Kyle Anderson




Call: (240) 314-6285


  • NIST-NRC Postdoctoral Research Associate, 2015-2016
  • PhD, Biochemistry, University of Maryland College Park, 2015
  • BS, Biochemistry and Molecular Biology, Pennsylvania State University, 2010


Kyle Anderson is a NIST research chemist located at IBBR. His current focus is hydrogen/deuterium exchange mass spectrometry (HDX-MS) for characterization of biopharmaceuticals and vaccines. Additionally, he is involved in method development and measurement improvement of HDX-MS. He received the U.S. Department of Commerce Silver Medal for developing and promoting adoption of methods to determine protein structure that increase patient access to biosimilar drugs. He is President of the Washington Chromatography Discussion Group and a member of the International Society of HDX-MS.

I am accepting applications for NIST-NRC postdoctoral associates in HDX-MS. Application deadlines are Feb 1 and Aug 1. Contact Kyle Anderson before applying. View Job Posting.



Chromatography at -30 °C for reduced back-exchange and improved dynamic range for HDX-MS

Characterization of protein-based vaccines in formulation by HDX-MS

Characterization of drug-protein interactions by HDX-MS



Subzero chromatography system for reduced back-exchange and carryover and improved dynamic range

For hydrogen-deuterium exchange mass spectrometry (HDX-MS) to have an increased role in quality control of biopharmaceuticals, H for D back-exchange occurring during protein analyses should be minimized to promote greater reproducibility. Standard HDX-MS analysis systems that digest proteins and separate peptides at pH 2.7 and 0 °C can lose >30% of the deuterium marker within 15 min of sample injection. We developed an analysis system for HDX-MS that conducts chromatography at ‑30°C, reducing back-exchange and enabling chromatographic gradients well beyond an hour. Chromatographic resolution is improved, allowing HDX-MS measurements on a greater number of peptides. Residual back-exchange of ≤ 10 % still occurs, mostly due to preparation zone at 0 °C. The average peptide eluted during a 40 min gradient contained ≈16% more deuterium than peptides eluted with a conventional 8 min gradient at 0 °C. A subset of peptides exhibited ≈26% more deuterium. Although chromatographic peaks shift with EG concentration and temperature, the apparatus elutes unbroadened LC peaks. Electrospray ion intensity does not decline with increasing EG fraction. To minimize bias from sample carryover, the fluidic circuits allow flush and backflush cleaning of all enzyme and LC columns. The system can perform LC separations and clean enzyme columns simultaneously. Reproducibility is enhanced by regulating temperature zones to ±0.05 °C.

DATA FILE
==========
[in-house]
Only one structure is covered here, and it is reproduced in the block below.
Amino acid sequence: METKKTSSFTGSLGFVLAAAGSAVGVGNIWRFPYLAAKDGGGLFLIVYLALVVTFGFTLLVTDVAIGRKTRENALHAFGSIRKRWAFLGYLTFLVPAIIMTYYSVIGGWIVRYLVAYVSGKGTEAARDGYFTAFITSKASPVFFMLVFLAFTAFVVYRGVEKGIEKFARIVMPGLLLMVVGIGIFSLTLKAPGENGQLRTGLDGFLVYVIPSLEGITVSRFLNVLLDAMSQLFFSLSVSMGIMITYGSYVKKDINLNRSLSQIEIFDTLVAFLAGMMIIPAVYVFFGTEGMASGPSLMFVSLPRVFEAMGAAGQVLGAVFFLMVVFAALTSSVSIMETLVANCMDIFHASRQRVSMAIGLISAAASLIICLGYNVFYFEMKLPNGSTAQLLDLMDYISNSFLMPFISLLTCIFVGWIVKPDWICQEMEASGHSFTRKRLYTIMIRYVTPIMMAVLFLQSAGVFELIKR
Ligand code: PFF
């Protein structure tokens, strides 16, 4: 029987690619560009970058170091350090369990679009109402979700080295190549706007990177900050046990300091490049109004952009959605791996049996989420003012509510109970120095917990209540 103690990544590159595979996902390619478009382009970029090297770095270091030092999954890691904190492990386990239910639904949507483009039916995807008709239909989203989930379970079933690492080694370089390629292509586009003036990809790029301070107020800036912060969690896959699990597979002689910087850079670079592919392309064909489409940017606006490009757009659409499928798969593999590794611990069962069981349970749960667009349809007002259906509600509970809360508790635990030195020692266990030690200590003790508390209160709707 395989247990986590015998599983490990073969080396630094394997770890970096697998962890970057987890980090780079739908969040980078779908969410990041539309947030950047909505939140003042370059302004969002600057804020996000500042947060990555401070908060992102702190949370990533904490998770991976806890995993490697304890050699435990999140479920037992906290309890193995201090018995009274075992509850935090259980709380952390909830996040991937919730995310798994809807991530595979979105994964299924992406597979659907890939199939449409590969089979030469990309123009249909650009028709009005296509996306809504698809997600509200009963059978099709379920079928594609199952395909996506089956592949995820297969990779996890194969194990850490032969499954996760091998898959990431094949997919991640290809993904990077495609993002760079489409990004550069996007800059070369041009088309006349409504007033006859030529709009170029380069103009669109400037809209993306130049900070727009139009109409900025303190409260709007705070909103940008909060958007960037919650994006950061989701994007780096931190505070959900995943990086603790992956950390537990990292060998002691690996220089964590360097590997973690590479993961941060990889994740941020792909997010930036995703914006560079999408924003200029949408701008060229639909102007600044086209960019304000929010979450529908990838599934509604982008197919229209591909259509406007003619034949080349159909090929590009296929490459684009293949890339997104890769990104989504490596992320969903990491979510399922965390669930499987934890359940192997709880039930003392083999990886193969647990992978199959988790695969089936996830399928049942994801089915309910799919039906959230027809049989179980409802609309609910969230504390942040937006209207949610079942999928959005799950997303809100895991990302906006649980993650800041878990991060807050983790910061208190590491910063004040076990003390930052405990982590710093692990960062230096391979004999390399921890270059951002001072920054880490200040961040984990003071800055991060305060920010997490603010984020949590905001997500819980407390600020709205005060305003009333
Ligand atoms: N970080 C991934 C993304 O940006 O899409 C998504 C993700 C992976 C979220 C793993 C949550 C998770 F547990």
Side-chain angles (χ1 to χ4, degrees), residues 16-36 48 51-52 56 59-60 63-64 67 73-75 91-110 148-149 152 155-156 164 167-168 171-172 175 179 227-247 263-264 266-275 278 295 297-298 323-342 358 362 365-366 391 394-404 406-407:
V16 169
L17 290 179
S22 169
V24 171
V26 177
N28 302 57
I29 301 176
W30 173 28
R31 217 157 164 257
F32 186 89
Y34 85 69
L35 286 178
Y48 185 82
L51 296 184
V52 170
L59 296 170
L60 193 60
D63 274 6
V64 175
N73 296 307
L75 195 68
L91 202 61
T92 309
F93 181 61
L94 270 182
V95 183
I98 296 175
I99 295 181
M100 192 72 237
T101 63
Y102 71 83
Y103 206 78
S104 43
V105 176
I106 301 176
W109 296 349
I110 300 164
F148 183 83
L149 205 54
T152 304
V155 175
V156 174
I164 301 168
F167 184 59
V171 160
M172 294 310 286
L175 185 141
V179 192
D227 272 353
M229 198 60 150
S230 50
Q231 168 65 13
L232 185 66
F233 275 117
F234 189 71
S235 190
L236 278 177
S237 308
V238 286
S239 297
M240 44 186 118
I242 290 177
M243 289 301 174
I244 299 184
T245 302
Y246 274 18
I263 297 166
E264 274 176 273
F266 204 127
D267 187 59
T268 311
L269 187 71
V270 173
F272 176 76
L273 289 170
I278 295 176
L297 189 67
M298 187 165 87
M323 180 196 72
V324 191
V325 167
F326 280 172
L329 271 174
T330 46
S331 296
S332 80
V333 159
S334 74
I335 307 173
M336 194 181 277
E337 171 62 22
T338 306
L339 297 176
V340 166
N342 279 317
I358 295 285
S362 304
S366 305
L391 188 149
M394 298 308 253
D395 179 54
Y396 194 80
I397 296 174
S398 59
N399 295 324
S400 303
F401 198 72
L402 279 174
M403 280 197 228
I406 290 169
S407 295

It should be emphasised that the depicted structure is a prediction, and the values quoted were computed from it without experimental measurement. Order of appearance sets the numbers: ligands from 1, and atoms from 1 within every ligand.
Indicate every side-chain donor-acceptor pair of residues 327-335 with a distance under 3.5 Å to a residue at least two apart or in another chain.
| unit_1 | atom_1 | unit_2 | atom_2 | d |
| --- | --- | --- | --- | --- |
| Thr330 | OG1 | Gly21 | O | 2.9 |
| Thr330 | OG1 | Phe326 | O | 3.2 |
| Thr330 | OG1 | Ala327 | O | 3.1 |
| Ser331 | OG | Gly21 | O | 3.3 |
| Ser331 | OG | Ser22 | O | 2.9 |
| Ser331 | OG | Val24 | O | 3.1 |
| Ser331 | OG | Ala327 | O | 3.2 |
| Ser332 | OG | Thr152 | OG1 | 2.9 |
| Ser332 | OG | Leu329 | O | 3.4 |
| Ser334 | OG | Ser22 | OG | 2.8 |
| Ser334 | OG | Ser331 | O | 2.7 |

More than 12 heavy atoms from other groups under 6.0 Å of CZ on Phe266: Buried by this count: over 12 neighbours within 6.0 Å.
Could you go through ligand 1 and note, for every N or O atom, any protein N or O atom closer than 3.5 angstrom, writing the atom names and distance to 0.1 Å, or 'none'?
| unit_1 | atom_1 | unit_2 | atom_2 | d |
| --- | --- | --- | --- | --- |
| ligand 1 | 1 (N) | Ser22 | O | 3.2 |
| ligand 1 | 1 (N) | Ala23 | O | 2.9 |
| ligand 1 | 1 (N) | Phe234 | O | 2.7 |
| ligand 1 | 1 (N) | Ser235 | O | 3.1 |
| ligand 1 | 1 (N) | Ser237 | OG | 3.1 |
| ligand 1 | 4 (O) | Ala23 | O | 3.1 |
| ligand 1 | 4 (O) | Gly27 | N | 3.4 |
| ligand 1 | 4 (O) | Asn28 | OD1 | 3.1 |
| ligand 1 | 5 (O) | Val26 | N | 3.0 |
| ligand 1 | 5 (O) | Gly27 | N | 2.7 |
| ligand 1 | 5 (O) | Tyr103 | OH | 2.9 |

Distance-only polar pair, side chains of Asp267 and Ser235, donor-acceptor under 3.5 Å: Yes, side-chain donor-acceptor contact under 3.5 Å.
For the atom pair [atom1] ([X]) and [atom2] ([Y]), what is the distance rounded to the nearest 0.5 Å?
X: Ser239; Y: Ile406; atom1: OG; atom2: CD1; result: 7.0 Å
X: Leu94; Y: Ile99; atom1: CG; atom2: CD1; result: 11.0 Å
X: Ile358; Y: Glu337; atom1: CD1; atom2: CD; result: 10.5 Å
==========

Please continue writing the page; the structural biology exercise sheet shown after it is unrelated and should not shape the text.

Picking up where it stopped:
Interlaboratory comparison of HDX-MS measurements using Fab of NISTmAb

An interlaboratory study involving 37 co-authors in 15 unharmonized laboratories determined the reproducibility of continuous-labeling, bottom-up HDX-MS measurements by measuring the deuterium uptake of Fab of NISTmAb RM8671 (PDB: 5K8A) for immersions in D2O for tHDX = (30 to 14400) s and THDX = (25, 21, 3.6) °C. Each laboratory was sent a standardized kit containing Fab protein and the reagents necessary to conduct experiments.

Laboratories reported ≈89,800 centroid measurements for 430 proteolytic peptide sequences of the Fab fragment (≈78,900 centroids), giving nearly 100 % coverage, and approximately 10,900 centroid measurements for 77 peptide sequences of the Fc fragment. Nearly half of peptide sequences are unique to the reporting laboratory, and only two sequences are reported by all laboratories. The majority of the laboratories (87 %) exhibited centroid mass laboratory repeatability precisions of ≤ (0.15 ±0.01) Da (1σx). All laboratories achieved ≤ 0.4 Da. For immersions of protein at THDX = (3.6 to 25) °C and for D2O exchange times of tHDX = (30 s to 4 h) the reproducibility of back-exchange corrected, deuterium uptake measurements for the 15 laboratories is (9.0 ±0.9) % (1s). A 9 lab cohort that immersed samples at THDX = 25 °C exhibited reproducibility of (6.5 ±0.6) % for back-exchange corrected, deuterium uptake measurements.